Table 2: Biggest improvers in London – Job sector by average salary
|Job Sector||Average Salary|
|Energy, Oil & Gas||£53,591|
|Hospitality & Catering||£24,948|
The Energy, Oil & Gas ranks as the best sector for wage growth in London, having an average salary of £53,591.
Andrew Hunter, co-founder of Adzuna, explains: “The London labour market is a honeypot for national and international talent. But workers in London suffered disproportionately in the years following the financial crash: while wages have remained stagnant, London property prices – and rents – skyrocketed. A pay rise for the capital’s workers will give them a chance to refill their depleted savings at last.”
Graduate salaries growing
Across the UK, the sector experiencing the strongest revival in terms of salary has been the graduate labour market. Graduate salaries increased 5.0% year-on-year from £23,590 a year ago to £24,762 in June 2014.
Wages also picked up in the Trade & Construction sector. The average construction salary grew to £35,570 in June – up 3.5% year-on-year. This coincides with a strong month for the building and construction industry, which saw its fastest growth for more than four months whilst employing at record levels.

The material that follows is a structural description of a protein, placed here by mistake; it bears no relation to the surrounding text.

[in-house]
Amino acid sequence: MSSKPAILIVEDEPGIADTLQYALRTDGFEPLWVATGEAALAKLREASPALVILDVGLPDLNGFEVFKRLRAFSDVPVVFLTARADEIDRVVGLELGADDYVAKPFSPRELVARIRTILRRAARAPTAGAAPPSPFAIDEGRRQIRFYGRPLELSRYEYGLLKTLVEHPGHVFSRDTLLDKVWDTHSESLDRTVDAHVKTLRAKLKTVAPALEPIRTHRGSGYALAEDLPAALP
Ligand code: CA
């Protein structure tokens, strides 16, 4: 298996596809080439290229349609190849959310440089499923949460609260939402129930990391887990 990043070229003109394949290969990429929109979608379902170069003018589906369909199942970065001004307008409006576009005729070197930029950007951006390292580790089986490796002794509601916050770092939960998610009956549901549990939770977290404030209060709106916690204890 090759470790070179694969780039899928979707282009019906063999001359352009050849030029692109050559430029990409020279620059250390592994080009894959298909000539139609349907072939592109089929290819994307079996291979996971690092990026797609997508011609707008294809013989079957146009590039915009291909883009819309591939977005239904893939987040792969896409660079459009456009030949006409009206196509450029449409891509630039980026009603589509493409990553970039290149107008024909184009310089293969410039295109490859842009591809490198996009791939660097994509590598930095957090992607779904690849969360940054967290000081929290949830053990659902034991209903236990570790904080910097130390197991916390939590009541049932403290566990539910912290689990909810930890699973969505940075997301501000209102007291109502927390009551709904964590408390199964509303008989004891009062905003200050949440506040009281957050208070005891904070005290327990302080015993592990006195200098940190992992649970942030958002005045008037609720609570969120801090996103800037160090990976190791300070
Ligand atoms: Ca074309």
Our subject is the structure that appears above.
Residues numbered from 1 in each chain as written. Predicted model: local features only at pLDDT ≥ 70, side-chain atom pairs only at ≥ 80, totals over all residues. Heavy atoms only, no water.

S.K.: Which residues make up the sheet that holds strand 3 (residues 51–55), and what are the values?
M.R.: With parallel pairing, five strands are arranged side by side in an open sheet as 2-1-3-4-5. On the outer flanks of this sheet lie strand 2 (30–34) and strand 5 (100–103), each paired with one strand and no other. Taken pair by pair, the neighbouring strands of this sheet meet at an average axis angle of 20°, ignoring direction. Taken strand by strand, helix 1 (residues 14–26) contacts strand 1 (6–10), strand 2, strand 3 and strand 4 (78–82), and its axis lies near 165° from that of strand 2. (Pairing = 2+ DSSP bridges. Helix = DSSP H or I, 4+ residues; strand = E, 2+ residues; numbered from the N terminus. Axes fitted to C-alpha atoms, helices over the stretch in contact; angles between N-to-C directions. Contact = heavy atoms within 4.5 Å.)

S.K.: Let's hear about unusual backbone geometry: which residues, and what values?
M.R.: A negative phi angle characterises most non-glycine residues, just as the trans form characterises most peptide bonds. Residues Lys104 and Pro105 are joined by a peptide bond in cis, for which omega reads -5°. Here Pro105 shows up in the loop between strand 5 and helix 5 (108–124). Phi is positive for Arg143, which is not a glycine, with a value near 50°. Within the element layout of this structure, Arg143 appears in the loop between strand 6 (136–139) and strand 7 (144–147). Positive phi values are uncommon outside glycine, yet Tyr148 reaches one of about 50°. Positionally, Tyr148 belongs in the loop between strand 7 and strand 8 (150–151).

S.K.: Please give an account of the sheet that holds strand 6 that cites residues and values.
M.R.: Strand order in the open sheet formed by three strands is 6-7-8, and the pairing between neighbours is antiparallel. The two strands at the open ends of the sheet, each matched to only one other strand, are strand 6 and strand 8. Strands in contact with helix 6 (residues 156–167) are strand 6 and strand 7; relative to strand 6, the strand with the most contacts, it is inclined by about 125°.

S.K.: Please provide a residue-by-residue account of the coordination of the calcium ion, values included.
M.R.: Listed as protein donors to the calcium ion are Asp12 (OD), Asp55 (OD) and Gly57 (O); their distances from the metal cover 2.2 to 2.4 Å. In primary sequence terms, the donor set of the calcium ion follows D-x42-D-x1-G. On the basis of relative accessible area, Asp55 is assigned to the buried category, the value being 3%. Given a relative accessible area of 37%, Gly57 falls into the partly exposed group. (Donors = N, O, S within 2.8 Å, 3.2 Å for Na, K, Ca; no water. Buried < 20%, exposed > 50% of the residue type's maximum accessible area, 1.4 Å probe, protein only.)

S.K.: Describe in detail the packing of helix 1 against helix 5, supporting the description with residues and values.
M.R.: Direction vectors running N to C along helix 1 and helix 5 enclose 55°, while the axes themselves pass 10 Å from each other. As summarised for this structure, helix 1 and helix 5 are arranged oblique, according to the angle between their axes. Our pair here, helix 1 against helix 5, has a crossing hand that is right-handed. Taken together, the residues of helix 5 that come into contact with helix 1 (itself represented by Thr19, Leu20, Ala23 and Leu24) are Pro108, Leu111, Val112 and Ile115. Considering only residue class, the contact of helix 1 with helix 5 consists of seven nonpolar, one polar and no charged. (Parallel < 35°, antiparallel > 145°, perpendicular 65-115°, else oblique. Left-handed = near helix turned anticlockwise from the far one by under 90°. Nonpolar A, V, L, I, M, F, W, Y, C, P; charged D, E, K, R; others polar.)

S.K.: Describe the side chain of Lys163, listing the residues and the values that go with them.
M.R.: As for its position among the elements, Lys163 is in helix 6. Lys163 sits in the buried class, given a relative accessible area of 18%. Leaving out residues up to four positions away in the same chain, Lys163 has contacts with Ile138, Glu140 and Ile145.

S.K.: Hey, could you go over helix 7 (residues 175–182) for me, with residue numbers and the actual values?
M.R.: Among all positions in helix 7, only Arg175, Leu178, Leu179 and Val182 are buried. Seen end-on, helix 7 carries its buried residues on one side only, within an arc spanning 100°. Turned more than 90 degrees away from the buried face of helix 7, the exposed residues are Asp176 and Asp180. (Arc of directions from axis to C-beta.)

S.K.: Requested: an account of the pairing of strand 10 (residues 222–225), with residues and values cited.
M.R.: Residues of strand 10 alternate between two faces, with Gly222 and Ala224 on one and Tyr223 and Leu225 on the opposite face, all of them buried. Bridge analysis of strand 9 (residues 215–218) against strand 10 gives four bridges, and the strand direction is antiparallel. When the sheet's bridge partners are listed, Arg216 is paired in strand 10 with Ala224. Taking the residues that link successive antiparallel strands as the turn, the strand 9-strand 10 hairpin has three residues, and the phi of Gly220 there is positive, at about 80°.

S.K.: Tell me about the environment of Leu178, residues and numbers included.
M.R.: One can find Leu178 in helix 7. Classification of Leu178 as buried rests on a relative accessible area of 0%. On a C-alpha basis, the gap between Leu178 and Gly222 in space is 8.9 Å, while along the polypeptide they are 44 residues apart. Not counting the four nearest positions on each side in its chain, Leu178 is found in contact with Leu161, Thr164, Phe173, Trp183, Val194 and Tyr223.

Andrew Hunter comments: “Employers have timed salary increases in the graduate market to coincide with the flood of new graduates who have recently entered the labour market. As the talent shortage begins to bite, fostering quality entry-level talent has become all the more important. Upping graduate salaries is one easy way for employers to stand out from the competition when attracting high calibre entry-level candidates.”
Salaries across the nation
Ten out of twelve UK regions saw annual salary growth in June, with Wales (+19.3%), the South West (+5.1%) and the North West (+3.4%) improving the most.
Manufacturing continues to power the economic recovery of the North of England and Scotland as job creation in the sector reached a three-year high.
On the disparity in salary growth across the nation, Andrew Hunter remarks: “The strong salary growth outside of London and South East is the untold story of the economic recovery. The recovering Manufacturing sector and regional job growth funds are boosting areas across the country. Birmingham has been announced as the construction hub for HS2, which will further lift the labour market in the Midlands by generating 1,500 new jobs. Perhaps we can now begin to dispel the myth that the economic recovery has not reached areas outside of London.”
|Region||Average salary||Annual change|
|South West England||£29,569||+5.1%|
|North West England||£28,750||+3.4%|
|North East England||£28,180||+1.9%|
|Yorkshire and The Humber||£28,456||+1.6%|
|South East England||£31,541||+1.0%|
Competition in cities
Despite the South falling behind other parts of the UK in salary growth, the best cities to find jobs remain in the south of England. Cambridge, Guildford and Winchester still rank top for jobseekers per role, while northern cities such as Salford and The Wirral continue to prove hard areas for finding work.